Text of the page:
The big IT consulting firms that do much of the ERP implementation, integration and customization work are buying into the ERP-centric dev approach, but caution that from a dev perspective, more than what the ERP product alone provides is needed.

“We have made the ERP tools part of our reference architecture,” says Robert Hershey, senior VP for application services at BearingPoint, an IT services firm.

BearingPoint assembles a toolset for its Oracle ERP customers who must comply with Basel II, the European Union financial regulation. The toolset includes tools for handling everything from the database to ETL to reporting. It also provides integration points and templates and relies on a combination of high-level modeling and hardcore programming.

“You cannot look at [ERP products] as a one-stop development shop,” Hershey explains. “You need the flexibility to do what is right for the client.” When Numeric Computer Systems, a supply-chain software developer, started working with ERP packages a decade ago, it required painstaking point-to-point integration, working through dozens if not hundreds of proprietary APIs. In the process, Numeric’s developers needed to navigate through thousands of database tables, guided only by cryptic names and labels.

The changes to ERP packages have greatly improved the situation.

“When we tried to integrate [our software] with the Oracle eBusiness suite, we got into a detailed technical discussion with Oracle,” says Robert Hochberg, president of Numeric Computer Systems. “They fast-tracked us to their integration group, who helped us evaluate the different ways to do it.”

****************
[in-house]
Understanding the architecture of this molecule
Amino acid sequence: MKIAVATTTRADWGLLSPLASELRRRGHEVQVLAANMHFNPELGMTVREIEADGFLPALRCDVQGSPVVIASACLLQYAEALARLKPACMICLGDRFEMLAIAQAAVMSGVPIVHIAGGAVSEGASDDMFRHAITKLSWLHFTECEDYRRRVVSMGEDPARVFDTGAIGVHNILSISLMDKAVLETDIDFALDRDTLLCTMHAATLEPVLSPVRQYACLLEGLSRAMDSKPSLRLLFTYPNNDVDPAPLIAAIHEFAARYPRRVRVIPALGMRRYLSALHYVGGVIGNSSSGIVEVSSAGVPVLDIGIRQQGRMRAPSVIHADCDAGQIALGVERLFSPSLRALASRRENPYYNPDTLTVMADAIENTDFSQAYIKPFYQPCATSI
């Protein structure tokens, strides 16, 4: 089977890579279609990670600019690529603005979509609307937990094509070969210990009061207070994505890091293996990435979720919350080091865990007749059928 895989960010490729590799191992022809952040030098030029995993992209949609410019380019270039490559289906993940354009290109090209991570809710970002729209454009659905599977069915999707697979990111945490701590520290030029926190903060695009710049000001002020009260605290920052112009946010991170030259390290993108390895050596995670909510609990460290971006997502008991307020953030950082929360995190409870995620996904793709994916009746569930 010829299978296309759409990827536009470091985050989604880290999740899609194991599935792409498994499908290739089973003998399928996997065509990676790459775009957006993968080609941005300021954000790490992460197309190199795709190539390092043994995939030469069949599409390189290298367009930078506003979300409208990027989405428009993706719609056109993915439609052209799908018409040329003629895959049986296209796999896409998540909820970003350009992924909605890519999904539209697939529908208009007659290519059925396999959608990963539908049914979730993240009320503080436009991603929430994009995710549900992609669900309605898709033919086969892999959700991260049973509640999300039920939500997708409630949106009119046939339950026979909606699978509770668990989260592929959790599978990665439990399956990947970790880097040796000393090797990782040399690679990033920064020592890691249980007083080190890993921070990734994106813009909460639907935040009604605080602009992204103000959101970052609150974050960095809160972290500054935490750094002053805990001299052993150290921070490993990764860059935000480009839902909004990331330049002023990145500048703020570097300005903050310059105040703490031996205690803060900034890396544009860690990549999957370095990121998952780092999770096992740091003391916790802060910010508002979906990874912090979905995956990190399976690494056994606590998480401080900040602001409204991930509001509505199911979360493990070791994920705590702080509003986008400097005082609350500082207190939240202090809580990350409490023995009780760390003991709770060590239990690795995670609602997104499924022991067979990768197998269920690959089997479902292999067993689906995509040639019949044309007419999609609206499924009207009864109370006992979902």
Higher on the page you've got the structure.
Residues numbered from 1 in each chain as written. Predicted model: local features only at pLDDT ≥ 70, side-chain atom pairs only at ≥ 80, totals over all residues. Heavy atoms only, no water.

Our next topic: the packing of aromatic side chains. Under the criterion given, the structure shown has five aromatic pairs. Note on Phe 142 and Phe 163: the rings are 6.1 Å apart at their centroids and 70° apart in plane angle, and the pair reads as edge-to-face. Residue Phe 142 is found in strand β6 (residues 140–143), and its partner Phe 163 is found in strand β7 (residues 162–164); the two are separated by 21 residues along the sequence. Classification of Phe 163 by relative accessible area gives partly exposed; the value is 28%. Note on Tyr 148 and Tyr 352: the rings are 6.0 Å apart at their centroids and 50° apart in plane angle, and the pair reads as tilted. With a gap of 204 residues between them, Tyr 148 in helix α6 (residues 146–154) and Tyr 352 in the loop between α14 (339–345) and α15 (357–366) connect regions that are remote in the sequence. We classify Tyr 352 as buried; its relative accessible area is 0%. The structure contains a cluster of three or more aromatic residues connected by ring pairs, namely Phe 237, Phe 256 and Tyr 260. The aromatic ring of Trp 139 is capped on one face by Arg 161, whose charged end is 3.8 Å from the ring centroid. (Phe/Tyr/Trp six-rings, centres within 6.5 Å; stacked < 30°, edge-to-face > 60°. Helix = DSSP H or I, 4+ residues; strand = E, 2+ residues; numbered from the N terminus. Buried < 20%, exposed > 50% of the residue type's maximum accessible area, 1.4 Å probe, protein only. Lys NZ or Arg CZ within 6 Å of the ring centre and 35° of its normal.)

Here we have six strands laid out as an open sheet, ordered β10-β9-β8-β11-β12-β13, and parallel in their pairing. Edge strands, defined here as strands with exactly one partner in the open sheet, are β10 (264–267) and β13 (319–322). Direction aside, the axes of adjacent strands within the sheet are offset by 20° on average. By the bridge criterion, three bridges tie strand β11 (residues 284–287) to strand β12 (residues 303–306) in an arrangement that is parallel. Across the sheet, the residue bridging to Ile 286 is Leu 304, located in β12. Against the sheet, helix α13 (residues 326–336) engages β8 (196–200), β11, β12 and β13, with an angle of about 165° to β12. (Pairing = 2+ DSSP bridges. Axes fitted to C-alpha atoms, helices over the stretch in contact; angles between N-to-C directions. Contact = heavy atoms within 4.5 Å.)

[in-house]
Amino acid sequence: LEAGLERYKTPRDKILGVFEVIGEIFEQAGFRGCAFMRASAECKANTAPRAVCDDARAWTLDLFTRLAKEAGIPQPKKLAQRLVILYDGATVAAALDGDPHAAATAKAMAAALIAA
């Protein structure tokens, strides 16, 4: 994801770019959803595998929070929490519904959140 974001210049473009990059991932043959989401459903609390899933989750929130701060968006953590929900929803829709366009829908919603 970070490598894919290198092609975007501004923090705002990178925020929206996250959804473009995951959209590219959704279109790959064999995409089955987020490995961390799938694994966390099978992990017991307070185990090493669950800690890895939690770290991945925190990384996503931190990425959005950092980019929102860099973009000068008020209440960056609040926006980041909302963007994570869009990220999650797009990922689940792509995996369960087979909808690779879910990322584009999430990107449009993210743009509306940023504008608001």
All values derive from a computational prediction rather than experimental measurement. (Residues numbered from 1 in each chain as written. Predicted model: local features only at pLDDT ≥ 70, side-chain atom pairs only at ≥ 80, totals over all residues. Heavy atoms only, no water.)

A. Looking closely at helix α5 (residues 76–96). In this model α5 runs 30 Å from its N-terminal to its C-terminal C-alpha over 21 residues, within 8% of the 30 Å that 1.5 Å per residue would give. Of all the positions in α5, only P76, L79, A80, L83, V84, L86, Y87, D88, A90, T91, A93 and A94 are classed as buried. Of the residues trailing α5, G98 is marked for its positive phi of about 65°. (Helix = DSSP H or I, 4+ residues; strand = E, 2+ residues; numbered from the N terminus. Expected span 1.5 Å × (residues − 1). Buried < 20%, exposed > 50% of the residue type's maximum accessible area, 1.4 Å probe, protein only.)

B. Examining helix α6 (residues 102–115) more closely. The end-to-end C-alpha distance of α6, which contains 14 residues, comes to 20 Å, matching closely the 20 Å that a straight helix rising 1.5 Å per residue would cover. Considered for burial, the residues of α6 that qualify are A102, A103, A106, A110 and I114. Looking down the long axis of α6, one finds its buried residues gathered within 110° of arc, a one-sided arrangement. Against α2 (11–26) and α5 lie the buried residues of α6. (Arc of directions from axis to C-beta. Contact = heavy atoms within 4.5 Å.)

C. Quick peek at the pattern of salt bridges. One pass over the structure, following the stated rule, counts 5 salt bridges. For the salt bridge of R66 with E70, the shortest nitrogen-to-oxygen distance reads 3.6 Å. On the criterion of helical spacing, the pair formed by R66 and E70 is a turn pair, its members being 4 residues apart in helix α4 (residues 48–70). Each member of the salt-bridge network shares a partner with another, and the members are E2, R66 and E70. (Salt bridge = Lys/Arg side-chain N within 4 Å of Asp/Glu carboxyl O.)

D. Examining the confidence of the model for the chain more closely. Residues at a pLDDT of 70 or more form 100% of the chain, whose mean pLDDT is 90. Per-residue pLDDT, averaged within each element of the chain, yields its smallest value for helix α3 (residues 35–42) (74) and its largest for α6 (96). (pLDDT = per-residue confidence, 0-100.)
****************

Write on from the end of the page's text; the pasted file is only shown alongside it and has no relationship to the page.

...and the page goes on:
Oracle’s dev environment is based on Project Fusion, the company’s vision for next-gen enterprise technologies, apps and services.

See “The Leap from Illusion to Fusion,” in the November issue or on the Web.

New ways to change

The services-oriented approach is changing the way companies build apps. “The new thing today is service-enabled,” says Ori Inbar, VP of solution marketing for SAP Platform. “Instead of traditional deployment, systems are broken into reusable, functional modules.”

SAP offers an enterprise-services architecture based on widely accepted SOA standards. “It will give customers the ability to pick functionality and combine it in new ways to create a new business process or to support some change,” Inbar explains.

Rather than trying to build an app in Java or C++ or by using SAP’s business APIs, developers will use modeling tools. “This will make it much easier than in the past,” Inbar says.

Not so easy that any business manager can model a new app, however. Developers will still need to understand data structure and processing. “Programmers will always be needed, but there will be a shift of balance to people closer to the business,” Inbar says.